Tokuda Hospital Sofia


Acibadem City Clinic Tokuda Hospital has a modern office for diagnosis and treatment of vestibular and equilibrium disorders

28 april 2017

Vertigo is one of the most common complaints patients seek help for

A state-of-the-art otoneurology cabinet is available to patients of Acibadem City Clinic Tokuda Hospital who have complaints about the vestibular system. Accurate examinations of the vestibular functions performed at the office include but are not limited to functional and computer-based statokinetic and coordination tests, videonystagmography, experimental provocation studies – caloric and rotational.

Along with the precise diagnostics, the office offers vestibular rehabilitation – a set of multimedia procedures for tracking, rehabilitation and training in disorders of peripheral and central origin. Specialized repositioning techniques are used in positional vertigo, exercises in accelerating vestibular adaptation, stabilizing posture and gait, restoring static and dynamic equilibrium.

One of the most common complaints patients visit the Otoneurology office for is vertigo. It combines different sensations – from the illusion one is spinning in space to the feeling of sinking or rising. In addition, people call vertigo the condition when they are slightly dizzy or syncope (black out), even slight . To this condition they often count even the faltering.

“Although vertigo has different forms, about 60% of them are due to damage of the vestibular system or impairment of its function. The remaining 40% are the result of central nervous system disorders such as vascular ones, transient ones of cerebral blood flow, cerebral strokes, inflammatory diseases of the nervous tissue or inflammatory processes”, says Dr. Georgi Savov, an otoneurologist at the Clinic in Neurology at Acibadem City Clinic Tokuda Hospital. Vertigo can be both a harmless symptom and a serious illness signal. Therefore, it is advisable to seek specializes medical attention if you suffer dizziness.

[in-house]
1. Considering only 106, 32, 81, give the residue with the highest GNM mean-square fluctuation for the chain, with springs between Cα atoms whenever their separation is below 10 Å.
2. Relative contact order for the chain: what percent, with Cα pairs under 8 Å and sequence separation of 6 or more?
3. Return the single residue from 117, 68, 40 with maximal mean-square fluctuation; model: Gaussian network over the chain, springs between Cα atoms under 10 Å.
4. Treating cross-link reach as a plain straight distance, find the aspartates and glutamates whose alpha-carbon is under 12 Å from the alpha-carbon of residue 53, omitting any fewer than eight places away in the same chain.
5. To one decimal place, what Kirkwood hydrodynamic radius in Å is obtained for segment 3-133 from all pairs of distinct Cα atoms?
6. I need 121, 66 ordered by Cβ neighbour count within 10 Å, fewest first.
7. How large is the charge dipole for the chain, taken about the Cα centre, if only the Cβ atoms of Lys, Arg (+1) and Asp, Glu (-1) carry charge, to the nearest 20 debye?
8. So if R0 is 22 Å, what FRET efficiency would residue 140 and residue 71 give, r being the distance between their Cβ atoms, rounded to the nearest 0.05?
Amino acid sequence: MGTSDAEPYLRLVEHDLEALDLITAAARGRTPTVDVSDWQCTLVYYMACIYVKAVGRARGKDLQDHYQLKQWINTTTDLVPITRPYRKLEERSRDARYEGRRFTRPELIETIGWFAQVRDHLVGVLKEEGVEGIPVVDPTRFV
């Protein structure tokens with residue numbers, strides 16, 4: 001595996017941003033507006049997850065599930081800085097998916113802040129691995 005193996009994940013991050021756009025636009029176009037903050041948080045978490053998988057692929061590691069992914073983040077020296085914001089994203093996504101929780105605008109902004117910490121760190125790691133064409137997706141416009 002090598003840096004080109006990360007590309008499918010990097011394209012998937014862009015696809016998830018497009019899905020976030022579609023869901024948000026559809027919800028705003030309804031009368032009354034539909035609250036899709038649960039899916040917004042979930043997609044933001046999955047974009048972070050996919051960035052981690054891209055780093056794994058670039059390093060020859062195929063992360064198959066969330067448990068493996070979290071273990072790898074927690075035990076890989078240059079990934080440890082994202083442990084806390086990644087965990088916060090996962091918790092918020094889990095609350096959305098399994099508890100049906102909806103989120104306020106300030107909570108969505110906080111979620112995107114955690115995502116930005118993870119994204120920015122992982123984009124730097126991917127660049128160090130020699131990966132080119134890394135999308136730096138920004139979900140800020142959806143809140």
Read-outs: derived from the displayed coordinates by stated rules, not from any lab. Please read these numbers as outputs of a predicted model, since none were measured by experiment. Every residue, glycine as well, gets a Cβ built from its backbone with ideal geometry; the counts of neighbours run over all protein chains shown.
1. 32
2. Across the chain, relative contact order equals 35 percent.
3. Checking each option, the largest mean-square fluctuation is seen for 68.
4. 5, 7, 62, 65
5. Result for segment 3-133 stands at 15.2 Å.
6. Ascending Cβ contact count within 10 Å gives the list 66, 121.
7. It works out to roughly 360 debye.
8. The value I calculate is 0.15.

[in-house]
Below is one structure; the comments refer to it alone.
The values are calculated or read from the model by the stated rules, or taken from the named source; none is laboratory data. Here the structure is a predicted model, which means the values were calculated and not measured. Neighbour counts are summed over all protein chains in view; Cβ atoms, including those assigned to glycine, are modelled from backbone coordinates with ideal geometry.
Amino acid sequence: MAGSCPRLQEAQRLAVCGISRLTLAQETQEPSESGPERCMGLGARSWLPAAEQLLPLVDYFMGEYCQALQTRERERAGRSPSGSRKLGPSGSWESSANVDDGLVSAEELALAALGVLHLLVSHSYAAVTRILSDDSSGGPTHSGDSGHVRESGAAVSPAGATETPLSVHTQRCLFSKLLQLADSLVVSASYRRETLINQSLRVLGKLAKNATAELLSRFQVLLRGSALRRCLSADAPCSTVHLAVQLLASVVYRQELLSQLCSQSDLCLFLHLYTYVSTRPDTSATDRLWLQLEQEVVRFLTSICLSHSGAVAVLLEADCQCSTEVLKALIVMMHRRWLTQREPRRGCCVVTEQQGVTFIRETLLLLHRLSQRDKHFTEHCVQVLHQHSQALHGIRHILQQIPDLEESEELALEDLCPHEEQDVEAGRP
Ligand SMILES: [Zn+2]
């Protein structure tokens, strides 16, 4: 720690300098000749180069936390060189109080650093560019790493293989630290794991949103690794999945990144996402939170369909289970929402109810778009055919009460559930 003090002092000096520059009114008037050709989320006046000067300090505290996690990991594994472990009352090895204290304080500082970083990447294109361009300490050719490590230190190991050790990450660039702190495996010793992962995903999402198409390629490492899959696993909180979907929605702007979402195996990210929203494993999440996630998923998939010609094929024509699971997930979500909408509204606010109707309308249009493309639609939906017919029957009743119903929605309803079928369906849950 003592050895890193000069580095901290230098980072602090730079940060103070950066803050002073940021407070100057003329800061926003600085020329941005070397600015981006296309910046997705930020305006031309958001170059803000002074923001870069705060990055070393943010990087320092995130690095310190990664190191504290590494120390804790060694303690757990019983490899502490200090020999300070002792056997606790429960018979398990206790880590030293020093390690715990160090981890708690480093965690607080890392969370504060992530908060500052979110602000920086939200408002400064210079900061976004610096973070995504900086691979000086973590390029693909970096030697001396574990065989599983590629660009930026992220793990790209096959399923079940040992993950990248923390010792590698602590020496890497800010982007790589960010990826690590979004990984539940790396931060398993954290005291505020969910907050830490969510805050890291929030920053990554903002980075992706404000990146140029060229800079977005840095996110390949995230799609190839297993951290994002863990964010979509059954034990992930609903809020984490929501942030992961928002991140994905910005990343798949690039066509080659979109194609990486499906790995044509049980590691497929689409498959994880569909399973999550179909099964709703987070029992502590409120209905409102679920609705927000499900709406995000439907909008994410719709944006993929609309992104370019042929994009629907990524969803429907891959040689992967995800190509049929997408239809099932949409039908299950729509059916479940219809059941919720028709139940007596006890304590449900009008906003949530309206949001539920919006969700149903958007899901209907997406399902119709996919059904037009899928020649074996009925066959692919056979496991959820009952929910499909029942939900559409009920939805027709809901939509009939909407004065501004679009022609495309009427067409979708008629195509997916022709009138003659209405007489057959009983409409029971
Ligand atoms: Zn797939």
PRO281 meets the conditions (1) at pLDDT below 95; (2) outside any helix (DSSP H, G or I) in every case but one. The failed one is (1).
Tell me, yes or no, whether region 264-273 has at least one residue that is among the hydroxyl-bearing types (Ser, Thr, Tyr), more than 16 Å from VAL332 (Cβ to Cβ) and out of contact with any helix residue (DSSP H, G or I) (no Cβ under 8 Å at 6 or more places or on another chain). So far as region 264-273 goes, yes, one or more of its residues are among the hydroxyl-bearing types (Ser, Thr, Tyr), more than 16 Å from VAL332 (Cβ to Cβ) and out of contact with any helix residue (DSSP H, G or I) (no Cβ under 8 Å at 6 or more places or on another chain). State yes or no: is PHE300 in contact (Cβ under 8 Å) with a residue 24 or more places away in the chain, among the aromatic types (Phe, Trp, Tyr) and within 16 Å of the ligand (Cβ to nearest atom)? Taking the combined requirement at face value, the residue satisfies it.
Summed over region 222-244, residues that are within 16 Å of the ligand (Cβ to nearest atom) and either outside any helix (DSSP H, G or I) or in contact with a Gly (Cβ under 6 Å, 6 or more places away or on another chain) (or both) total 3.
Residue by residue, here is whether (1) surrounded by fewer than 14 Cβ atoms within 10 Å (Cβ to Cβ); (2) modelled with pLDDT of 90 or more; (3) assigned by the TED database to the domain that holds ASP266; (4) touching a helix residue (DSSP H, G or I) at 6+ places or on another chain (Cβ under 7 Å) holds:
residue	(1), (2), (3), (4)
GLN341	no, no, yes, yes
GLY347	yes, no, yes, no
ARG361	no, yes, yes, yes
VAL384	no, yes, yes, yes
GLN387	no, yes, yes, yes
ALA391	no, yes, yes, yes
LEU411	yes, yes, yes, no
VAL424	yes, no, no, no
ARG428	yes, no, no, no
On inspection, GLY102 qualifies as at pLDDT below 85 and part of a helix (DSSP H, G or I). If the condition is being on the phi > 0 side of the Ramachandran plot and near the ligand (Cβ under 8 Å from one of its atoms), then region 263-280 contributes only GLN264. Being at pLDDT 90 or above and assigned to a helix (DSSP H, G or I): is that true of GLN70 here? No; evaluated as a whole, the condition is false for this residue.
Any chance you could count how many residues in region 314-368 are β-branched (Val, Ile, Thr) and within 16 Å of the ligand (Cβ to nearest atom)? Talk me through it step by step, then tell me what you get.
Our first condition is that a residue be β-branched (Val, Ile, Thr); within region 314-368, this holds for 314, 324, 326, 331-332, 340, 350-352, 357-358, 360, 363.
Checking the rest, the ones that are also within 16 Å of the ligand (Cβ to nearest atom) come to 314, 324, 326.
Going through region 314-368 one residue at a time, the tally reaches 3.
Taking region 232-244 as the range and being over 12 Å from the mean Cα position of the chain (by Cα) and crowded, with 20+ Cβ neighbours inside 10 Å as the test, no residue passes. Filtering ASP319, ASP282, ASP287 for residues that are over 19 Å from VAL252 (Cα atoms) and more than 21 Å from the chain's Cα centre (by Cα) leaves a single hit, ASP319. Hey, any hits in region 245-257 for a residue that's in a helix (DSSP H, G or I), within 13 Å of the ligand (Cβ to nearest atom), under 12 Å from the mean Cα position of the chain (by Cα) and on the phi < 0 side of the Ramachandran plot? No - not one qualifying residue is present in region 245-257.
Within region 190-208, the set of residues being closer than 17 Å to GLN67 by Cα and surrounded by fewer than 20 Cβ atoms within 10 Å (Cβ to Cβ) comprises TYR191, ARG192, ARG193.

Vestibular disorders often have unclear origin – in this case, they are called primary. If they are due to another disease – hormonal imbalance or infection, for example, they are called secondary. They are common among the elderly, because over the years they have accumulated disease causes leading to balance disorders.

Vestibular disorders are the most common type of vertigo that occurs at bedtime, when bedridden or standing up. Most of these are assigned to the group of otolithic syndromes or so-called benign paroxysmal positional vertigo. They are due to falling crystals (otoliths) or degenerated cells in some of the ear canals, Dr. Savov explained. These crystals lie on the membrane of the gravitational receptors in the ear. With age, such crystals, as well as dead cells, fall into the semi-circular channels. There is another type of receptors there providing information to the brainstem and eyeballs of a person at angular accelerations of the head. When the crystals fall into the groove under certain head movements, they shake the receptors there and a strong vertigo occurs. It is quite a common suffering, with up to 80% of people over the age of 80, says the otoneurologist. It exacerbates and improves spontaneously or with medication or by implementing physical methods.

Drug treatment includes ingestion of vestibule-suppressants and other medications, while physical therapy uses exercise programs to release the affected semi-circular channel, as well as exercises where a patient's brain adapts to suppress the information coming from the damaged vestibular system.

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Hospital location

51B "Nikola I. Vaptsarov" blvd. (if you drive, the entrance is from "At. Dukov" str.), "Hladilnika" distr., 1407 "Lozenets".

The hospital has a parking lot. The first 30 min. are free of charge, then a fee of 3 bgn/hours applies.

Public transport:
Buses: №88, 120
Shuttle bus: 32

Subway: Getting off at "James Bourchier" station, after that walking through "Lozenets" distr., or tram №10, taking off at "Nikola I. Vaptsarov" stop. or a bus №88, taking ff at "Tokuda Hospital" stop.


From the Central Railway Station

Bus line №305 getting off at "Romanian embassy" stop
From "Romanian embassy" stop – Bus line №120 getting off at "Tokuda Hospital" stop.
(after the traffic lights at "Atanas Dukov" str.

With a subway, from "Central Railway Station" station, getting off at "James Bourchier" station, after that walking through "Lozenets" distr., or tram №10, taking off at "Nikola I. Vaptsarov" stop. or a bus №88, taking ff at "Tokuda Hospital" stop.